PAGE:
Professor Meg Jardine - Addressing unmet needs in chronic disease through innovations in trial design and delivery ($3.2M)
Professor Anthony Keech - Innovative clinical trials: improving care and health outcomes ($2.9M)
Professor Kirsten McCaffery - Transforming health literacy in Australia: a partnership approach ($2.8M)
Professor Jean Yang - Statistical bioinformatics at single cell resolution ($2.6M)
Professor Ian Hickie - Right care, first time: delivering technology-enabled mental health care to young people at scale ($2.4M)
Professor William Tarnow-Mordi- Advancing perinatal health in Australia through international randomised studies to reduce death and disability ($2.4M)
Associate Professor Fabienne Brilot- Understanding the autoimmune response against the brain to improve diagnosis and therapy of neuroimmunological disorders ($2.3M)
Professor Sandra Cooper - Innovating pathways to embed novel RNA technologies into clinical practice ($2.2M)
Professor Christopher Semsarian - Translating Genomics into Improved Care of Inherited Heart Disease and Sudden Death Families ($2.1M)
Professor Gemma Figtree - Innovative solutions towards reducing heart attacks- beyond classical risk factors ($2M)
Professor Carol Pollock - Discovery and validation of antifibrotic therapies for kidney disease ($2M)
Associate Professor Tamera Corte- Transforming Outcomes for Pulmonary Fibrosis ($1.9M)
Professor Andrew Gardner - Repetitive Neurotrauma and the Risk for Dementia in Former Athletes ($1.5M)
Dr Claire O'Callaghan - A pathway to new symptomatic drug therapies in dementia ($1.5M)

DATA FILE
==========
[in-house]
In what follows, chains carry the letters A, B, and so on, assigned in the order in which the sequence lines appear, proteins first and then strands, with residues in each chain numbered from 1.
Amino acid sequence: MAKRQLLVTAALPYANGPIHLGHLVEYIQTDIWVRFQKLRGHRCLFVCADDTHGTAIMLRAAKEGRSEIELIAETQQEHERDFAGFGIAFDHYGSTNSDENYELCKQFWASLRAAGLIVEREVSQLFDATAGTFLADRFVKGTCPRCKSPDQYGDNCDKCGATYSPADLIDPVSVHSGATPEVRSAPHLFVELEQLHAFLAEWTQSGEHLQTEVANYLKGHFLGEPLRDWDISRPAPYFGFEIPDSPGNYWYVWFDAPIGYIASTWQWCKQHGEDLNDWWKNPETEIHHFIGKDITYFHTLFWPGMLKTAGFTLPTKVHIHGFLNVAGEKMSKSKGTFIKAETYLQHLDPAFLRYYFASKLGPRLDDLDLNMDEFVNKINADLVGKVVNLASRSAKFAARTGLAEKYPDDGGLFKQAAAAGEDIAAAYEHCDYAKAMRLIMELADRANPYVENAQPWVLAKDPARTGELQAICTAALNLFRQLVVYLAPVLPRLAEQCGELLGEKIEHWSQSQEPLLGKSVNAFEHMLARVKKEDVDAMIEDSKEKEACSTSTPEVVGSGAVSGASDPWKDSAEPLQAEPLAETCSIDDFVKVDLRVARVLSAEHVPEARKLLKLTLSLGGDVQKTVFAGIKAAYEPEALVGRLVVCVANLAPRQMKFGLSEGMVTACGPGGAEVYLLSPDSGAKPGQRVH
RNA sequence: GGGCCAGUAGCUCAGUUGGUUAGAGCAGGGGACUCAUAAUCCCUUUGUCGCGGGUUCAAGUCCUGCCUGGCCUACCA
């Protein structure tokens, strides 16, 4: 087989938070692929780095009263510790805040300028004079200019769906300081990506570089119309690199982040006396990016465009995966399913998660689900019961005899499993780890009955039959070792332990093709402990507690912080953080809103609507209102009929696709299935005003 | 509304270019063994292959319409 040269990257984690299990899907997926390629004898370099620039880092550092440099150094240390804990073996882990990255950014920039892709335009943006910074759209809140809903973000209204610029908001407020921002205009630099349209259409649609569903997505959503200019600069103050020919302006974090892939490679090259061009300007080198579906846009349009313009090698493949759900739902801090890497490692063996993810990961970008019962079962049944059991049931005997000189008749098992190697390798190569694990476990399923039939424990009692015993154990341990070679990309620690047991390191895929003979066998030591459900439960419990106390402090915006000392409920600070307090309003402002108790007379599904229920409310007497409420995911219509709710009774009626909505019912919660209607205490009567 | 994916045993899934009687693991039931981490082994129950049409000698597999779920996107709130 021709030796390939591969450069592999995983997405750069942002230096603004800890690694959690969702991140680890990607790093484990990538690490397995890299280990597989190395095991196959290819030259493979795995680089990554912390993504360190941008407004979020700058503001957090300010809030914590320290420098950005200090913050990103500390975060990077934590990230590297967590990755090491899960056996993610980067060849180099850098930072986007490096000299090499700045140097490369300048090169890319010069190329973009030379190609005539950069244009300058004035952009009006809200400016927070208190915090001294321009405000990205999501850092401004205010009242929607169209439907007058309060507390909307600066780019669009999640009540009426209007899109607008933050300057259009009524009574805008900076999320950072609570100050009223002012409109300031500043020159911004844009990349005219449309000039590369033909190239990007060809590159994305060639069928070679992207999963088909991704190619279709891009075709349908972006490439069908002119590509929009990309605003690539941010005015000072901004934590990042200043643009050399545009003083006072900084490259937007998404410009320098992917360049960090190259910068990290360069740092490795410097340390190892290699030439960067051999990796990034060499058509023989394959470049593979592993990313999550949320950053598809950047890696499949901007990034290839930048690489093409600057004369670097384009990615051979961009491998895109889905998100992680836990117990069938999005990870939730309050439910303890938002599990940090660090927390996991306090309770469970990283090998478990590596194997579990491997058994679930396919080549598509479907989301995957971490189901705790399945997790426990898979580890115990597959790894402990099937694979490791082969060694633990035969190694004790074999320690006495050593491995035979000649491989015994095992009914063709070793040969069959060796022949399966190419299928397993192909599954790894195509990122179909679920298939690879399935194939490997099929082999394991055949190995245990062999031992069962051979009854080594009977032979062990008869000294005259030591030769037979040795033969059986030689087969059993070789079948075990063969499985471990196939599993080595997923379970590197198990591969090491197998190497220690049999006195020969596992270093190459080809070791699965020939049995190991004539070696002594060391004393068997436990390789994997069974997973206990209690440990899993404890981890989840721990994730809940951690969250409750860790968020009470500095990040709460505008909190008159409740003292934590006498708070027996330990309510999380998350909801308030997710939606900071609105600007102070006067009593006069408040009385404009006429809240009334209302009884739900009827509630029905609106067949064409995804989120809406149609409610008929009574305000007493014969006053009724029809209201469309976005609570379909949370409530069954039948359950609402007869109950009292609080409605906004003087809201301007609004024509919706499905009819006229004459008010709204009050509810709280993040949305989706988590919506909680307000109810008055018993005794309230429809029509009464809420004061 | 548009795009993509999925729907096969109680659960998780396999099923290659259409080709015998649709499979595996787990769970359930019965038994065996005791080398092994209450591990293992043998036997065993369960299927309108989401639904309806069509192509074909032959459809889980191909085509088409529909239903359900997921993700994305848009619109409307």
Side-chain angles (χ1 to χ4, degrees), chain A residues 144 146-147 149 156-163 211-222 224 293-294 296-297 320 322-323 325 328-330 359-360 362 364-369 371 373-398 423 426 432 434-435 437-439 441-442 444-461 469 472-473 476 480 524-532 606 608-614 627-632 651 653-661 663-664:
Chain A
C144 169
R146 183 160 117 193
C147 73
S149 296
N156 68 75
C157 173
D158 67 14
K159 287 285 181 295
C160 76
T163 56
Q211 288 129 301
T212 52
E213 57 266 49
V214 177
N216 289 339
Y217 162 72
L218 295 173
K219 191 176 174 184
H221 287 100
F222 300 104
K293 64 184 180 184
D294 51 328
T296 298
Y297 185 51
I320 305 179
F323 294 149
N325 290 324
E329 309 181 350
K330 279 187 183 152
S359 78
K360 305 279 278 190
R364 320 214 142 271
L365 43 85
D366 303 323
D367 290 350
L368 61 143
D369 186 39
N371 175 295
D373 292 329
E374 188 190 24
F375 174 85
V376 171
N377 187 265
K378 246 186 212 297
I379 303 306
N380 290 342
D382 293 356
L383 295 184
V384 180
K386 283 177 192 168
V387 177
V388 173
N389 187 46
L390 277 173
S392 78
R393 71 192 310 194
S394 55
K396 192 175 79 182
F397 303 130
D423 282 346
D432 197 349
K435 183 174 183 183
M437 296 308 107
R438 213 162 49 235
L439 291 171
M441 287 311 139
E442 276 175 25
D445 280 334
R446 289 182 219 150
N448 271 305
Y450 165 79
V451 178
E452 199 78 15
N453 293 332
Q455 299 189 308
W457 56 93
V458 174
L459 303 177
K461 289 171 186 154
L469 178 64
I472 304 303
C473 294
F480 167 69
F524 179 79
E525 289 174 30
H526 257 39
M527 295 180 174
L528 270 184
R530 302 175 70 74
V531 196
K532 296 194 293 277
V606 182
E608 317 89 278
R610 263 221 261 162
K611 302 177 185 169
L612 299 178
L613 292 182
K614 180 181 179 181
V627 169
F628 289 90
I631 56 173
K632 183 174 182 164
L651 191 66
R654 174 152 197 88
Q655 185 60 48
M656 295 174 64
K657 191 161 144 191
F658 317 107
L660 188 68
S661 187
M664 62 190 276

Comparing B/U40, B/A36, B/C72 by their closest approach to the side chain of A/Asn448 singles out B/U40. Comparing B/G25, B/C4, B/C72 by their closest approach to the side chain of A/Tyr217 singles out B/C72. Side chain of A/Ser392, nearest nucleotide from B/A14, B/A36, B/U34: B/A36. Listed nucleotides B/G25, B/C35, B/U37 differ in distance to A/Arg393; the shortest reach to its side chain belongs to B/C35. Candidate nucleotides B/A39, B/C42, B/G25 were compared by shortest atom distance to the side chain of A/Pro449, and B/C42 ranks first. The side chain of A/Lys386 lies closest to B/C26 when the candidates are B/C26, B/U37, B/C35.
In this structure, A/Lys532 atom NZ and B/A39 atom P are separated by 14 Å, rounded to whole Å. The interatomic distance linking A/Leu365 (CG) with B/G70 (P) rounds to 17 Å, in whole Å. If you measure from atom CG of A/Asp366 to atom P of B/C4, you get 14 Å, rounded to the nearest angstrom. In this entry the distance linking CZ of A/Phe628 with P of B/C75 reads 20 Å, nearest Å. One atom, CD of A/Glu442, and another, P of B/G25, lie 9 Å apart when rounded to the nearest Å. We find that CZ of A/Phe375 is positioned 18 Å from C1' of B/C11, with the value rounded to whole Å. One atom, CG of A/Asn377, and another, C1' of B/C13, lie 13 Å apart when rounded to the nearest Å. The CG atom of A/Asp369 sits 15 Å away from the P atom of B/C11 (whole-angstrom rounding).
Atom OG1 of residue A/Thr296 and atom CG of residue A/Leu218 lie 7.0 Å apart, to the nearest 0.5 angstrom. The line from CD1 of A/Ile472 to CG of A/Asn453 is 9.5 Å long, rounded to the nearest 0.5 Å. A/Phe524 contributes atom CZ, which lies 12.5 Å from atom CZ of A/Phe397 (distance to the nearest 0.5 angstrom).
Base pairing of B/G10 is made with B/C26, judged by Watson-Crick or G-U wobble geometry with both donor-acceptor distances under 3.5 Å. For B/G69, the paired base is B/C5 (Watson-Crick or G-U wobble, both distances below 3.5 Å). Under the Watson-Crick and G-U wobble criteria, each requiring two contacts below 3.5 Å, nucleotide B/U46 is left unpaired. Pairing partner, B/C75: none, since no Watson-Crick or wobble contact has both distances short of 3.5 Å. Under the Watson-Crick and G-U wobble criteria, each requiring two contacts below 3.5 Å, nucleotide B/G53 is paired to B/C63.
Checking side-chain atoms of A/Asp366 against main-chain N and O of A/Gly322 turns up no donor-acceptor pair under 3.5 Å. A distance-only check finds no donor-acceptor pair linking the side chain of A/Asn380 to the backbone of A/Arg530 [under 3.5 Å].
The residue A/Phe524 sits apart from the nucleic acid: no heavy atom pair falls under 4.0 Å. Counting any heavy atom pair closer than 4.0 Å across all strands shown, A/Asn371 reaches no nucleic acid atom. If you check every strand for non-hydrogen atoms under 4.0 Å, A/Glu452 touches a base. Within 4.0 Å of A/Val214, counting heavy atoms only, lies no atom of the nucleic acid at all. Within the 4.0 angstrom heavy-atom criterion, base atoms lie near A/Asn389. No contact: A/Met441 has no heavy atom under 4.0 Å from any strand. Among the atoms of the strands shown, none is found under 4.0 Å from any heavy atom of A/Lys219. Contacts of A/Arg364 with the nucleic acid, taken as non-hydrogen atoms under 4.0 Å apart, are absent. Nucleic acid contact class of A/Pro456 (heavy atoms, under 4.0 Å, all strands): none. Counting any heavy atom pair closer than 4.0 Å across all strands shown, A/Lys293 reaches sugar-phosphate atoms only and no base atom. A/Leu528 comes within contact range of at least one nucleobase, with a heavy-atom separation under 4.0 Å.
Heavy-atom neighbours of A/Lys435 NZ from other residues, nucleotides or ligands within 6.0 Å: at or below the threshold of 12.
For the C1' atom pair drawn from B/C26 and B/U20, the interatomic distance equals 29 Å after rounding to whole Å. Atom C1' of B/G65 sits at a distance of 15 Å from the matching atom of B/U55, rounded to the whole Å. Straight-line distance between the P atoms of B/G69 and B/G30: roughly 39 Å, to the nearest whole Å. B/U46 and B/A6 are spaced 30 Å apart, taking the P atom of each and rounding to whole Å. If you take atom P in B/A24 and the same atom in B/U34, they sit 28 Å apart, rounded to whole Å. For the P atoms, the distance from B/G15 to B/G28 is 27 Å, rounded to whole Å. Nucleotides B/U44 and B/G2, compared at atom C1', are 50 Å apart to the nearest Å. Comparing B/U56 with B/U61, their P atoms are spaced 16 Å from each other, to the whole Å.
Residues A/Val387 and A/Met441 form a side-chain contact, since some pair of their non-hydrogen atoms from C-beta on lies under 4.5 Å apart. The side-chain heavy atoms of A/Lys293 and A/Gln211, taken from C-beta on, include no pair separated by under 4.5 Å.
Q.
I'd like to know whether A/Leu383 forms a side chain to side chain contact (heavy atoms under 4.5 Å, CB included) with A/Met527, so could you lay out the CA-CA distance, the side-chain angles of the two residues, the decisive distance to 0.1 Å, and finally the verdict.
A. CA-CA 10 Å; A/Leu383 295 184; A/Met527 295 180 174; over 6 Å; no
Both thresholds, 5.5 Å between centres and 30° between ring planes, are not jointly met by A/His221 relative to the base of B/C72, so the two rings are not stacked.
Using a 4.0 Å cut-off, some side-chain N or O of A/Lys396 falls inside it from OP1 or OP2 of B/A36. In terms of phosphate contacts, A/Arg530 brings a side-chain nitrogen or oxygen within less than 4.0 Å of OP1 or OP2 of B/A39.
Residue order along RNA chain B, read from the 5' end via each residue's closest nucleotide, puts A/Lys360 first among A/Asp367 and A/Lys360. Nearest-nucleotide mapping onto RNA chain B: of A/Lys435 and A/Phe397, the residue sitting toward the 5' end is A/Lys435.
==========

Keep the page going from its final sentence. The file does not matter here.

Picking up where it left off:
Dr Anna Singleton - Scalable Survivorship Support after Cancer (CanSupport): Evaluation of a co-designed and automated eHealth intervention to support cancer survivors in primary care ($0.6M)
Dr Giselle Yeo - Functional amplification of stem cells for tissue repair ($0.6M)
Dr Julie Ayre - Evaluation and implementation of a digital health literacy tool to improve written health information ($0.6M)
Dr Kirstie Bertram - Linking microbiome, inflammation, HIV target cells ($0.6M)
Dr Kristie Weir- One size does not fit all: achieving patient-centred deprescribing through evidence-based, individualised interventions ($0.6M)
Dr Pierre Qian - Development of novel ablation technologies for the treatment of ventricular tachycardia ($0.6M)
Dr Rachel Menzies - Targeting death anxiety with an online intervention to improve outcomes in anxiety-related disorders ($0.6M)
Dr Rebecca Rockett - Pathogen Genomics Dual Utility to Deliver Personalised Medicine and Precision Public Health ($0.6M)
Dr Liliana Laranjo - Digital health to support behaviour change and chronic disease prevention in the community: What works, for whom, and in what context? ($0.6M)
Dr Jessica Orchard - Screening of athletes for cardiovascular disease and prevention of sudden death ($0.6M)
Dr David Waddington - Advancing dynamic MRI to enable adaptive lung radiotherapy ($0.6M)
Dr Louise Birrell - Stemming the rising tide of youth mental health problems: prevention through social connection ($0.6M)
Dr Frank Iorfino - Harnessing digital technologies to improve the quality of youth mental health services ($0.6M)
Dr Hiba Jebeile - Optimising metabolic and mental health in the management of adolescent obesity ($0.6M)
Dr Kavitha Kothur - Biomarker discovery informs precision medicine in childhood epilepsy ($0.6M)